In “The Saffron Gatherers,” a woman travels to San Francisco to meet with her lover, only to be captivated by an ancient fresco prophetic in ways she cannot guess. Time, cause, effect and missed connections collide in the moving and mind-bending “Kronia.”

Written especially for this collection and based on her work as a participant in a climate change think tank, “Fire.” envisions one stand-up comic’s reaction to a conflagration of global proportions.

In her essay “Beyond Belief: On Becoming a Writer,” Hand traces her commitment to storytelling, starting with seeing the George Pal film production of “The Wonderful World of the Brothers Grimm” when she was 5 years old. From there, it was on to “The Hobbit,” the rest of Tolkien and other, more obscure fantasists. She began writing her own stories and pursuing an interest in theater at Catholic University in Washington, D.C.

Things turned dark for a while; “Bad Stuff,” as she puts it, happened, including underemployment, serious illness and a kidnapping and rape. But Hand was able to persevere in her journey to becoming a writer with a singular vision.

She writes, “Despite living in a real world that increasingly resembles that of one of my early dystopian novels, I consider myself a very lucky person.”

“Flying Squirrels in the Attic,” the Q&A between Hand and series editor Terry Bisson, is wide-ranging, touching upon her experiences as a teacher of writing, living in Maine, writing “Star Wars” juvenile novelizations about bounty hunter Boba Fett, and reading the fiction of Sarah Orne Jewett.

It’s a fun and freewheeling conversation, and Hand reveals herself as both self-effacing and confident in her talents.

Two insightful profiles of supremely talented but darkly fated authors round out the book.

“The Woman Men Didn’t See” focuses on Alice Sheldon, the CIA analyst who wrote groundbreaking, feminist science fiction under the pseudonym James Tiptree Jr.

“Tom Disch” remembers the author of “Camp Concentration” and “The Genocides” in the aftermath of his suicide. Hand illuminates their life stories with compassion and grace.

Other writers in PM’s “Outspoken Authors” series include Hugo and Nebula award winner Kim Stanley Robinson, Man Booker Prize finalist Karen Joy Fowler and Ursula K. Le Guin, recipient of the National Book Foundation Medal for Distinguished Contribution to American Letters.

Elizabeth Hand is a welcome addition to the roster, and this slender volume is an easy introduction to, or quick reminder of, her special brand of narrative magic.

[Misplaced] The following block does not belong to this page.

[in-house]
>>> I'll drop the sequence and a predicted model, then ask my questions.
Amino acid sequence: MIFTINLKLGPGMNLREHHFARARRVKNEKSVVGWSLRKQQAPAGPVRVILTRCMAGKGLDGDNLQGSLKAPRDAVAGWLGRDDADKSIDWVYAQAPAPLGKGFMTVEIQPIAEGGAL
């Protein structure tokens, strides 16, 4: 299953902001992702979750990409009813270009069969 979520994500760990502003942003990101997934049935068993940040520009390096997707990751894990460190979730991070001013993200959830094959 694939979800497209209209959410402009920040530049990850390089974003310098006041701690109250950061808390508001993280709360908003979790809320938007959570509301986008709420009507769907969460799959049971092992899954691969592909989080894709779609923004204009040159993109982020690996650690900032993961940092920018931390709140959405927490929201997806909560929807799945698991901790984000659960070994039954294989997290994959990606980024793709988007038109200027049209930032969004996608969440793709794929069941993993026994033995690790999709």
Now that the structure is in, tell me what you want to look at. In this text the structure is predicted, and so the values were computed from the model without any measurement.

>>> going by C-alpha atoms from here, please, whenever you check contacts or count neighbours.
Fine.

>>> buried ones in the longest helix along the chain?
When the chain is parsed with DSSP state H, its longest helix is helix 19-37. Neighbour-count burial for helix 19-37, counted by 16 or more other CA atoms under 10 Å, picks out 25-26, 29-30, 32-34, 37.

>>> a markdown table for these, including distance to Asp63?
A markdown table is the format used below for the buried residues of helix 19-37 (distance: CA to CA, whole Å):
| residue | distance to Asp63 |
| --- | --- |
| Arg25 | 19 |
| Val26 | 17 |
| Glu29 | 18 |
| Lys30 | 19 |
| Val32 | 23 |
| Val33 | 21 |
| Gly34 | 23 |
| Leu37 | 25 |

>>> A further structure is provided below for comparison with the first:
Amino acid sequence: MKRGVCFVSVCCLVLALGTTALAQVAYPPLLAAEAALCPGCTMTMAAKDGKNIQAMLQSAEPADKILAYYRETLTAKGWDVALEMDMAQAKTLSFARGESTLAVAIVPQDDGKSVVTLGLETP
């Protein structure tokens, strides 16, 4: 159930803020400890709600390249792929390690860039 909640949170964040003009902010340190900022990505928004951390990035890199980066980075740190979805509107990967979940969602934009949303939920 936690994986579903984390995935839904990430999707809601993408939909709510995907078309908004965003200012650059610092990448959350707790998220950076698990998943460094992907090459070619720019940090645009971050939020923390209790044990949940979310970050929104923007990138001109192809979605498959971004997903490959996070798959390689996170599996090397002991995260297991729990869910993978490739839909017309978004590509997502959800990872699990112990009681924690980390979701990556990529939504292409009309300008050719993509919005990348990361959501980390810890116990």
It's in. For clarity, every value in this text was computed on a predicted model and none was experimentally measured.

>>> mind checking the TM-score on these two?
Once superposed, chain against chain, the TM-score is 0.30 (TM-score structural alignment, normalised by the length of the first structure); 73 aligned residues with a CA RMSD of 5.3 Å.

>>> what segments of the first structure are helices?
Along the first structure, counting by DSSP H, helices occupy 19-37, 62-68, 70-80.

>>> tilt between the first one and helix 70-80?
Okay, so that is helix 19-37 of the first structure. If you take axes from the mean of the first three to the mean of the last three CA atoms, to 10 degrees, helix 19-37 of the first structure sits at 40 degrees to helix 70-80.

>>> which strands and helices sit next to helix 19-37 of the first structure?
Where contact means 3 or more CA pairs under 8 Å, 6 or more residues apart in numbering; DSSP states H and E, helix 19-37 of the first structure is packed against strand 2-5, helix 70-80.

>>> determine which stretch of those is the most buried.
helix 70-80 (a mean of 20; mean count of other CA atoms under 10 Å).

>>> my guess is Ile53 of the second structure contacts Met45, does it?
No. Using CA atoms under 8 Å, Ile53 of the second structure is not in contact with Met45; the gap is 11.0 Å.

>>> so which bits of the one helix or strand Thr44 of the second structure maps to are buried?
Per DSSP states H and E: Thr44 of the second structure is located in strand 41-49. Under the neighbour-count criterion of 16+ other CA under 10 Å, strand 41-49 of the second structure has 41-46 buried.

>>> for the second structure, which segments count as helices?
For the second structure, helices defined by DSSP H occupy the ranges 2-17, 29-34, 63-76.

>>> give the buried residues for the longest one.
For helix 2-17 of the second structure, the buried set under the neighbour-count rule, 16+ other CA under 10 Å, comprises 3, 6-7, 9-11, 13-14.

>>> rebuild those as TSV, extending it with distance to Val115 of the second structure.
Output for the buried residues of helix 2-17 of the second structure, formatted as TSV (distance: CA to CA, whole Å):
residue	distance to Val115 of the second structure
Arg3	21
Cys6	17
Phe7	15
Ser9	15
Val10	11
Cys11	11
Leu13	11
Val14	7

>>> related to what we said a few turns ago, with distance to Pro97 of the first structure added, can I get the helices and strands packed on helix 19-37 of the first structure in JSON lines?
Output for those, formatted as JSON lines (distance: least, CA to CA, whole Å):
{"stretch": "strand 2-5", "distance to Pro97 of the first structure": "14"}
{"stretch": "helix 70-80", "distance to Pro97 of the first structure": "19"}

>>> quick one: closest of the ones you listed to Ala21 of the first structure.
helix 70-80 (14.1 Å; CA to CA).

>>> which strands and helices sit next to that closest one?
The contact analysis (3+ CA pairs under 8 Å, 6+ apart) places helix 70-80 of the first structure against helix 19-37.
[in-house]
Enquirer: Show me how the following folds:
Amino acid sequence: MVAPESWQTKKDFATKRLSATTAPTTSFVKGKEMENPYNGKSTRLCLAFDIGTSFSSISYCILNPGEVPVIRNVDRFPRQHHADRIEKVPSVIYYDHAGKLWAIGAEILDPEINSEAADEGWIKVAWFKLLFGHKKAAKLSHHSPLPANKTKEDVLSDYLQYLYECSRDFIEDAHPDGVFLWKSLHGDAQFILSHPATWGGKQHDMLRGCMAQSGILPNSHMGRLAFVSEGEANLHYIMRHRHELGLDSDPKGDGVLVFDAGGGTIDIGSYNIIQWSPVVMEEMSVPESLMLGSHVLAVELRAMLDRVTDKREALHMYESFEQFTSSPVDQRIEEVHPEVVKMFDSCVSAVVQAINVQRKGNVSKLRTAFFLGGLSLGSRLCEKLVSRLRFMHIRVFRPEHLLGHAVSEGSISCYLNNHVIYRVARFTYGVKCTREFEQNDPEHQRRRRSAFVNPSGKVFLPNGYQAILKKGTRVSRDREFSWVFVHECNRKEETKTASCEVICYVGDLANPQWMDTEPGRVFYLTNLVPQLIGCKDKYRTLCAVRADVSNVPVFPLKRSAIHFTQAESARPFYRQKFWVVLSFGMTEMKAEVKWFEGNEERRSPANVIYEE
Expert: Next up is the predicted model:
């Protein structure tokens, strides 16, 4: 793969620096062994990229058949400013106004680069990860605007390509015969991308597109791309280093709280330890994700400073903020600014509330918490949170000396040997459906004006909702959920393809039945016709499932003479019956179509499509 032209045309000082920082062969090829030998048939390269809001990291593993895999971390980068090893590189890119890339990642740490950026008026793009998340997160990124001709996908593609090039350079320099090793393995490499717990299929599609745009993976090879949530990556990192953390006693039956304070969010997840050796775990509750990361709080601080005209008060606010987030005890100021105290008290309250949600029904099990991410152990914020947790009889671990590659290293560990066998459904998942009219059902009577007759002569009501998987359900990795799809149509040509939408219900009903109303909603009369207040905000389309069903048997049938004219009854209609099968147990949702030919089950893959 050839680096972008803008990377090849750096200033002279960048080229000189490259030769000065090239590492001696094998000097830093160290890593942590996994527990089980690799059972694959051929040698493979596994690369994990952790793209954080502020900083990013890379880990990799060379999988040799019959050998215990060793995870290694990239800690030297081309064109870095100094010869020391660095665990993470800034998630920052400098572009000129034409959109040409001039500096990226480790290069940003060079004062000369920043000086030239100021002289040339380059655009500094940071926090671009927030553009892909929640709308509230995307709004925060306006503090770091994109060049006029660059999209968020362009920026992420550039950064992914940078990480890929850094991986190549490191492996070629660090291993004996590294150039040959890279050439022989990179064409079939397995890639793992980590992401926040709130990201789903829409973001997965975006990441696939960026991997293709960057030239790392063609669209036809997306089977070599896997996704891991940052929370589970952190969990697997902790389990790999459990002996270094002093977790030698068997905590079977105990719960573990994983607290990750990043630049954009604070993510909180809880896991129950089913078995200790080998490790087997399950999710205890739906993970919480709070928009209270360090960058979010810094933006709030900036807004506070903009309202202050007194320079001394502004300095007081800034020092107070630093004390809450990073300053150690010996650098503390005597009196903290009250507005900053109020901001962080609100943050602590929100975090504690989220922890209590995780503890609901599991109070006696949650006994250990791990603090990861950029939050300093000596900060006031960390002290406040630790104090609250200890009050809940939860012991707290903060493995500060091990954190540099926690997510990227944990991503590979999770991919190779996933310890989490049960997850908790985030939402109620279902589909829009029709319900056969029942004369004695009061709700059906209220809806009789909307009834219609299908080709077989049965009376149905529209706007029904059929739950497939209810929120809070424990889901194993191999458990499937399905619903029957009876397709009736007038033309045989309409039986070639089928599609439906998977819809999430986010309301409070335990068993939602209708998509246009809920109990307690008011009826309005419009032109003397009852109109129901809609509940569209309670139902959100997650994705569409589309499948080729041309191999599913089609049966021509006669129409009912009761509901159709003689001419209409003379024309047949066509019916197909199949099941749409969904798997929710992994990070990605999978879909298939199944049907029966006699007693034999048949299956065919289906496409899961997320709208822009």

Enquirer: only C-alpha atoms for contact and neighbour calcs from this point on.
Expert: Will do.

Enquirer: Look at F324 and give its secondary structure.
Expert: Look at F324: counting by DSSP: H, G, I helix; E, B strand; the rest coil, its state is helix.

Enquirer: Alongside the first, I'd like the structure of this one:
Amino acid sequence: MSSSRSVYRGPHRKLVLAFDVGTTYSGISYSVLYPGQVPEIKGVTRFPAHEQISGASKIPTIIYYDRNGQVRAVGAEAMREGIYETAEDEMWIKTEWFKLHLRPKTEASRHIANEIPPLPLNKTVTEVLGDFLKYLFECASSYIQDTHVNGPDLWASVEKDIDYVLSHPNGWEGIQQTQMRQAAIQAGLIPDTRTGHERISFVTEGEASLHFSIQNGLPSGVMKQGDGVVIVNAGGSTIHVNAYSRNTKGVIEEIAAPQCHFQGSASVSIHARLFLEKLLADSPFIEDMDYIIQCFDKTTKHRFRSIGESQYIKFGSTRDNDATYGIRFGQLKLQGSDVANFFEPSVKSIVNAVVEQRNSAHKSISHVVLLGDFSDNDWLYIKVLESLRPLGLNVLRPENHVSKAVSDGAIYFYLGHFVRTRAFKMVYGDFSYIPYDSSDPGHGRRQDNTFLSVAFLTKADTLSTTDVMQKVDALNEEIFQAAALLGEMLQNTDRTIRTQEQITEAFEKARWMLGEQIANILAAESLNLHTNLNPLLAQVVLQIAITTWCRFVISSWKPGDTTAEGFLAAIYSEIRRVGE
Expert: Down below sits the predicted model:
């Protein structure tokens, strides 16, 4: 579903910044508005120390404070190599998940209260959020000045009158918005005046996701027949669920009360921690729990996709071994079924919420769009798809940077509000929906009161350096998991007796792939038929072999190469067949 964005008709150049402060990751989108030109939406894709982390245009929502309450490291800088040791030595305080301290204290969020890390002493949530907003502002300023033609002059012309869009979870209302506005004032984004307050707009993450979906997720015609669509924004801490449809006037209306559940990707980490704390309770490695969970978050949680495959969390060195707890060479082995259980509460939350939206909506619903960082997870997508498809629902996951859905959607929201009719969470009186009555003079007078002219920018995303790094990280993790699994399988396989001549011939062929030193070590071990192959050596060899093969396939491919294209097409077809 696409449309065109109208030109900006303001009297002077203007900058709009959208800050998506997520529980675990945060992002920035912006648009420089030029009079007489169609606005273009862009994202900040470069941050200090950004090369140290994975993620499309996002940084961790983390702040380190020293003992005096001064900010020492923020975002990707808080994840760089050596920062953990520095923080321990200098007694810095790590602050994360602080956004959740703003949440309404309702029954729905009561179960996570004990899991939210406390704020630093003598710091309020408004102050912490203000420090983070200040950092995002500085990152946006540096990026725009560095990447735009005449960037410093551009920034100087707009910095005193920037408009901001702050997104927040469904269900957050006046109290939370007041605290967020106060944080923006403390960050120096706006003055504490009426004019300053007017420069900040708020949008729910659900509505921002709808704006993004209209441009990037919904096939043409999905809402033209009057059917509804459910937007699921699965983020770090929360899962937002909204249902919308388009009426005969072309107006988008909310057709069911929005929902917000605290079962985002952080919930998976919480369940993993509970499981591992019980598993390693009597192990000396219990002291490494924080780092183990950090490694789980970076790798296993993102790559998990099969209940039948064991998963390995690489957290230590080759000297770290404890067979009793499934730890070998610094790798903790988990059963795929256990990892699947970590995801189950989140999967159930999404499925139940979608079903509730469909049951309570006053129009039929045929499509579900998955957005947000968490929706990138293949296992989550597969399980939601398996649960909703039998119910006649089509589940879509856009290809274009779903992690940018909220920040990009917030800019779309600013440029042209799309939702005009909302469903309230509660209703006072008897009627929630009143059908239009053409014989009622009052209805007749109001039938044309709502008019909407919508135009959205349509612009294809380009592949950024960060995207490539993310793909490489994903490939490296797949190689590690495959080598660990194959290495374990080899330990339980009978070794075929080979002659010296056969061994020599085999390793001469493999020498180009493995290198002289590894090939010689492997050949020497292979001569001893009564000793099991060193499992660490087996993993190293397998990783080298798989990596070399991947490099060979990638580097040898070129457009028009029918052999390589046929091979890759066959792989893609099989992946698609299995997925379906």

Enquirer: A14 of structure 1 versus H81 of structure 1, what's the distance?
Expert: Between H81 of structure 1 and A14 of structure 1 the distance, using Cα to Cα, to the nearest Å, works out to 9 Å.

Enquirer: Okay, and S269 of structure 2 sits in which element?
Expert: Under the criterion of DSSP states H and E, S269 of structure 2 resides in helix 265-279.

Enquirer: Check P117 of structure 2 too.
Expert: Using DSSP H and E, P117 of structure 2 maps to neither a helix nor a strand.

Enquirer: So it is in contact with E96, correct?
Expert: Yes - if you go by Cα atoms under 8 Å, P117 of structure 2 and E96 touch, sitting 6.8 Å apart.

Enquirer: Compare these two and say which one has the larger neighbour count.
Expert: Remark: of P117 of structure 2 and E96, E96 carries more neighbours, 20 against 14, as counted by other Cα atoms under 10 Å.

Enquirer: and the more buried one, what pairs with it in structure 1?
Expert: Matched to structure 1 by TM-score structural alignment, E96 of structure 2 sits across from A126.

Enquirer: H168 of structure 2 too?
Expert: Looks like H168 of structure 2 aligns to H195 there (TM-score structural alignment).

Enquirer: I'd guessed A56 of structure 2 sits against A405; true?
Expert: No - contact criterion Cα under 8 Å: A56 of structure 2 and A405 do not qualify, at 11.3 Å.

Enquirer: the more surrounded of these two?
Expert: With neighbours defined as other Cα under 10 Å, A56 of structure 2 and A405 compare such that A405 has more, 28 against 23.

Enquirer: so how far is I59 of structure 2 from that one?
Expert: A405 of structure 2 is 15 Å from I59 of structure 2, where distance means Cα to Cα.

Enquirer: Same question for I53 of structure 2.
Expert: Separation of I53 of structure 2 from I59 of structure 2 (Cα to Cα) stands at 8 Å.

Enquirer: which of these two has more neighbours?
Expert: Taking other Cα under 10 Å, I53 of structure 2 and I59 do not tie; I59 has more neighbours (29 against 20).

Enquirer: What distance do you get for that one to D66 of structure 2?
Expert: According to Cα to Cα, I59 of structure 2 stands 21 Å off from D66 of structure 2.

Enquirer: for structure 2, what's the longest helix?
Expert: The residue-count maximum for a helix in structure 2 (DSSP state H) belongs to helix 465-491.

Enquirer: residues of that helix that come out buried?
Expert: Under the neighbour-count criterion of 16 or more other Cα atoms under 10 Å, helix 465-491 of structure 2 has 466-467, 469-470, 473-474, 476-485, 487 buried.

Berkeley writer Michael Berry is a Portsmouth, New Hampshire, native who has contributed to Salon, the San Francisco Chronicle, New Hampshire Magazine, the Los Angeles Review of Books and many other publications. He can be contacted at:

Twitter: mlberry

]]> 0 HandSat, 28 Jan 2017 19:30:18 +0000
Signings, etc.: Richard Russo Sun, 29 Jan 2017 09:00:00 +0000 Pulitzer Prize-winning author Richard Russo will sign copies of his latest novel, “Everybody’s Fool.” The story returns to North Bath, the Rust Belt town first brought to unforgettable life in “Nobody’s Fool.” Now, 10 years later, the protagonist Doug Raymer has become the chief of police and is tormented by the improbable death of his wife – not to mention his suspicion that he was a failure as a husband.

WHEN: 3 p.m. Saturday

WHERE: Print: A Bookstore, 273 Congress St., Portland


INFO: 536-4778;

]]> 0, 28 Jan 2017 18:34:41 +0000
Book review: How a doctor’s gifts shaped Holmes and his creator Sun, 29 Jan 2017 09:00:00 +0000 No matter which Sherlock Holmes you visualize as you read the canon – the suave, top-hatted Jeremy Brett? Perhaps the ever-so-tightly-suited Benedict Cumberbatch? – you’re wrong.

The “real” Holmes was a patrician gent named Dr. Joseph Bell, who lectured at the University of Edinburgh’s medical school in the 19th century and had a knack for revealing things about a person that a casual acquaintance could never have known. (Just like somebody else we know: “You know my method. It is founded on the observation of trifles,” said he, in “The Boscombe Valley Mystery.”)

Among the students captivated by Bell’s teaching method was Arthur Conan Doyle, who drew upon Bell’s uncanny ability in creating Holmes, his fictional hero.

How Bell became Holmes, and how Bell and other forces helped Conan Doyle became a blockbuster author are described in great detail in Michael Sims’ “Arthur and Sherlock,” a worthy addition to any scholarly Conan Doyle/Holmes bookshelf. Many Holmes fans know the bones of the origin story, but Sims dives deep into Conan Doyle’s biography to put flesh on it. The physician-turned-writer becomes much more human to the reader in the process.

As a new doctor, for example, Conan Doyle agreed with the then-common notion that it was unseemly for a physician to answer his office door, so in 1882 he pressured his mother to send his 9-year-old brother Innes to act as gofer. In fact, the doctor was so self-conscious, he grew his impressive crop of facial hair to look older and more distinguished.